Since the collapse of the pedestal Patrick Brazeau called home, little has been heard beyond the initial reactions. Perhaps the changing of the guard in Aboriginal Affairs and Northern Development (AANDC), which saw John Duncan replaced with Bernard Valcourt as minister, had some positive results for Prime Minister Stephen Harper. Certainly it bought this government some time to get certain problem areas out of the media spotlight. There was the hunger strike, the media coverage of the Idle No More movement, the murdered and missing women issue, Patrick Brazeau, Senate reform and a host of other negative stories dominating the media.

The desire to put these concerns on the back shelf has led First Nations to believe the Harper administration doesn’t take their concerns seriously and hopes they will simply go away. Many point to Brazeau’s appointment as a senator as an example of this. Harper’s Aboriginal golden boy was a concern from the start as the Congress of Aboriginal Peoples (CAP) had no real credibility. They claimed to represent off-reserve Aboriginals, yet their leaders were “elected” by only a few people and mostly bureaucrats at that. But they said what the government wanted and received greater funding while organizations such as the Assembly of First Nations (AFN) saw their finances being cut. Brazeau was front and centre stage as Harper’s sycophant.

Touted as an Aboriginal expert, Brazeau could safely criticize any Aboriginal person or organization, something that was more difficult for his non-Native higher-ups.

Any concerns over financial mismanagement, both personal and professional, were ignored and the same went for the allegations of sexual harassment. These red lights included Brazeau’s salary being garnished by Revenue Quebec for falling behind in child-support payments and other financial irregularities.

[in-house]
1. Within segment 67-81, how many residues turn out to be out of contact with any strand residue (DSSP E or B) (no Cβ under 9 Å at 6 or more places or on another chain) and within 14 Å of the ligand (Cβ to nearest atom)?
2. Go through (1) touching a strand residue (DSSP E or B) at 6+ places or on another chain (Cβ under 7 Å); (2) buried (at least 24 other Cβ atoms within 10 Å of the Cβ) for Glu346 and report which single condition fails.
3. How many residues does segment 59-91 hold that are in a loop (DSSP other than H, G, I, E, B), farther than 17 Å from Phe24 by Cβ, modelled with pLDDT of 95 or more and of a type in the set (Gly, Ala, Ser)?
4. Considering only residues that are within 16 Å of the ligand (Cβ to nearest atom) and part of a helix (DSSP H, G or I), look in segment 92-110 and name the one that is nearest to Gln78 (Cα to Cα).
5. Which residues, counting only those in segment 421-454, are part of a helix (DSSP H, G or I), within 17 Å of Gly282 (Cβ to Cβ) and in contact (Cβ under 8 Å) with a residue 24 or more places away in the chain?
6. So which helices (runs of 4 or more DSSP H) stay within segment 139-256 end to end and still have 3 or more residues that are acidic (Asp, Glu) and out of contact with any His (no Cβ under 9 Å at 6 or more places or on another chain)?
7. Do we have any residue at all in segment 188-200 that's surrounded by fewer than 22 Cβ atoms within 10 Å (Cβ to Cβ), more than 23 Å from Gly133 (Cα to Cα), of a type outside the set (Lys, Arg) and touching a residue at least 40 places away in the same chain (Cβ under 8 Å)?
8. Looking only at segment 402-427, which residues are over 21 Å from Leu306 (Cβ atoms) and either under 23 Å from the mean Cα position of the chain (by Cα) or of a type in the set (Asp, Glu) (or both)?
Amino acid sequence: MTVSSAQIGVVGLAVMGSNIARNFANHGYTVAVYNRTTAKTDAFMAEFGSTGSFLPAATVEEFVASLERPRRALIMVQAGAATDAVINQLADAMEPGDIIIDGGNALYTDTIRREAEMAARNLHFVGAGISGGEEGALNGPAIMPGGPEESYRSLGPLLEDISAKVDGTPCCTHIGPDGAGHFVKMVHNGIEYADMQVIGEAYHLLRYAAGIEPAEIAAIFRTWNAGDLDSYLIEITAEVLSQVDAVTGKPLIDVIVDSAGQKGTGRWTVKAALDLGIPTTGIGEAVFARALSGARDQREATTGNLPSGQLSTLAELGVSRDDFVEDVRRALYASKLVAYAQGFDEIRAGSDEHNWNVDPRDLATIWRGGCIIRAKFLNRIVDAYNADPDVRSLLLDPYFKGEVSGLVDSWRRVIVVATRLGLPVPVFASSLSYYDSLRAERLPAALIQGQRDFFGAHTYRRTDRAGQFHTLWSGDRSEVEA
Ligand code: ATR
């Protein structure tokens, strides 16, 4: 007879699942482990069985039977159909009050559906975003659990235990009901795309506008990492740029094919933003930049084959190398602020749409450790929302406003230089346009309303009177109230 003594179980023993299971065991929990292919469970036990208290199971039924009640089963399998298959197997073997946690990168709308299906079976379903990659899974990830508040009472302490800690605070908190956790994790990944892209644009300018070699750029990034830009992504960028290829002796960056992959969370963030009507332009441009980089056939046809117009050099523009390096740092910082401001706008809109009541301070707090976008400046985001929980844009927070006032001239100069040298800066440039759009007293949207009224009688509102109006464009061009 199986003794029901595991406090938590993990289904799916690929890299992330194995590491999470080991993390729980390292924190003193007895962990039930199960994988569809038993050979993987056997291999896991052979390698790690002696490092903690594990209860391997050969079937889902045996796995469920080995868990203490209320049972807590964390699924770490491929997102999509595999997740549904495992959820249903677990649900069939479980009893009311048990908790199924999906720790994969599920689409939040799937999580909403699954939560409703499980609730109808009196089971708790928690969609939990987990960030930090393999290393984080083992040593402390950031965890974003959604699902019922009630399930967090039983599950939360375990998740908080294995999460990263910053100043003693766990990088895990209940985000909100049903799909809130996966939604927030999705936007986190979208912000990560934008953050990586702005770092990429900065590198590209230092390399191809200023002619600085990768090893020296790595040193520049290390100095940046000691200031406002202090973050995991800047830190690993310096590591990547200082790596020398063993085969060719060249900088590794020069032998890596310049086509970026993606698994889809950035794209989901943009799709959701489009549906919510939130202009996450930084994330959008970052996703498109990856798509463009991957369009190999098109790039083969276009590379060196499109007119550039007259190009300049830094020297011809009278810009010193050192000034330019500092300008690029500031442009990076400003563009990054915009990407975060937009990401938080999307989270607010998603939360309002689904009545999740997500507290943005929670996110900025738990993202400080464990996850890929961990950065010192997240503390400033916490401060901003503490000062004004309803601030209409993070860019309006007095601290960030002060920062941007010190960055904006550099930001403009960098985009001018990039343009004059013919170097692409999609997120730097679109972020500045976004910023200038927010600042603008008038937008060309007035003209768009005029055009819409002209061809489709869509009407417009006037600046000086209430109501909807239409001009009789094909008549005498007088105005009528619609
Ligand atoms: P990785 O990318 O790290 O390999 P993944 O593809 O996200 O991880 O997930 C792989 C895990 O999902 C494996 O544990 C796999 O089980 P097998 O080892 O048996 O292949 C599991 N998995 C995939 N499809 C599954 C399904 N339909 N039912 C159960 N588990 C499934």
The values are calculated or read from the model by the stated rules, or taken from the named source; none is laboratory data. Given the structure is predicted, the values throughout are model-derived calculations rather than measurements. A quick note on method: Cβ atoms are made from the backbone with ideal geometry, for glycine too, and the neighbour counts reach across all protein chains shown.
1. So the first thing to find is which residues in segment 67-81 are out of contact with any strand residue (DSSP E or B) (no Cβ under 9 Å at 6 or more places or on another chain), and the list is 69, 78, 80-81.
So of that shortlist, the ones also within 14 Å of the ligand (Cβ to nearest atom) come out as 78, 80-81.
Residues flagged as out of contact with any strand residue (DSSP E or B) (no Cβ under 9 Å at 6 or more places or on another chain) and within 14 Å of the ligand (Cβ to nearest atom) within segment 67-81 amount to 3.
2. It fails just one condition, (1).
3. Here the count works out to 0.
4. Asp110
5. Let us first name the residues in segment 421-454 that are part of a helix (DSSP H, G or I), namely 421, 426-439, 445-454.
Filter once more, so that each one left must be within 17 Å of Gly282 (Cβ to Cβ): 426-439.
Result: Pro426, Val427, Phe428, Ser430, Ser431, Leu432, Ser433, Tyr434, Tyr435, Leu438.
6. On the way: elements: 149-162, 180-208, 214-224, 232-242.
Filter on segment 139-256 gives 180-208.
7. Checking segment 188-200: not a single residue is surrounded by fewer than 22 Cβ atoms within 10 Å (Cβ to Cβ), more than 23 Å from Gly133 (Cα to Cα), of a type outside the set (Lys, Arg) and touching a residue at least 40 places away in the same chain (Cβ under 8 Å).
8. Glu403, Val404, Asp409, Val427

For example, Patrick Brazeau used his former father-in-law’s address in a First Nations community to claim an Aboriginal income tax exemption from 2004 to 2008. He was head of CAP at that time and this confused a few people, including Kitigan Zibi Chief Gilbert Whiteduck, who said, “I’m not sure how he would have done that. Normally you have income tax exemption when you live on a reserve and you are employed by a reserve.”

Remember, this is the behaviour of the senator who loudly proclaimed, “I have been a strong proponent of accountability and sometimes of the lack of accountability.”

While it’s all quiet on the western front, it might be time for the government to ensure it remains so. If Brazeau can extend the time he is in court and delays his final sentencing past December 2015 before he resigns from the Senate, he will get a pension for life. This will create an uproar.

It might just be easier to look at his tax evasion practice, however. The $21,000 per year housing allowance he falsely claimed works out to over $80,000 since he was appointed to the Senate. Add in the non-payment of income tax from the past with fines and Brazeau may have to claim bankruptcy, which, according to Senate rules, would lead to his expulsion from the Red Chamber. It could be a quiet way out for a government that likes the silence of the land.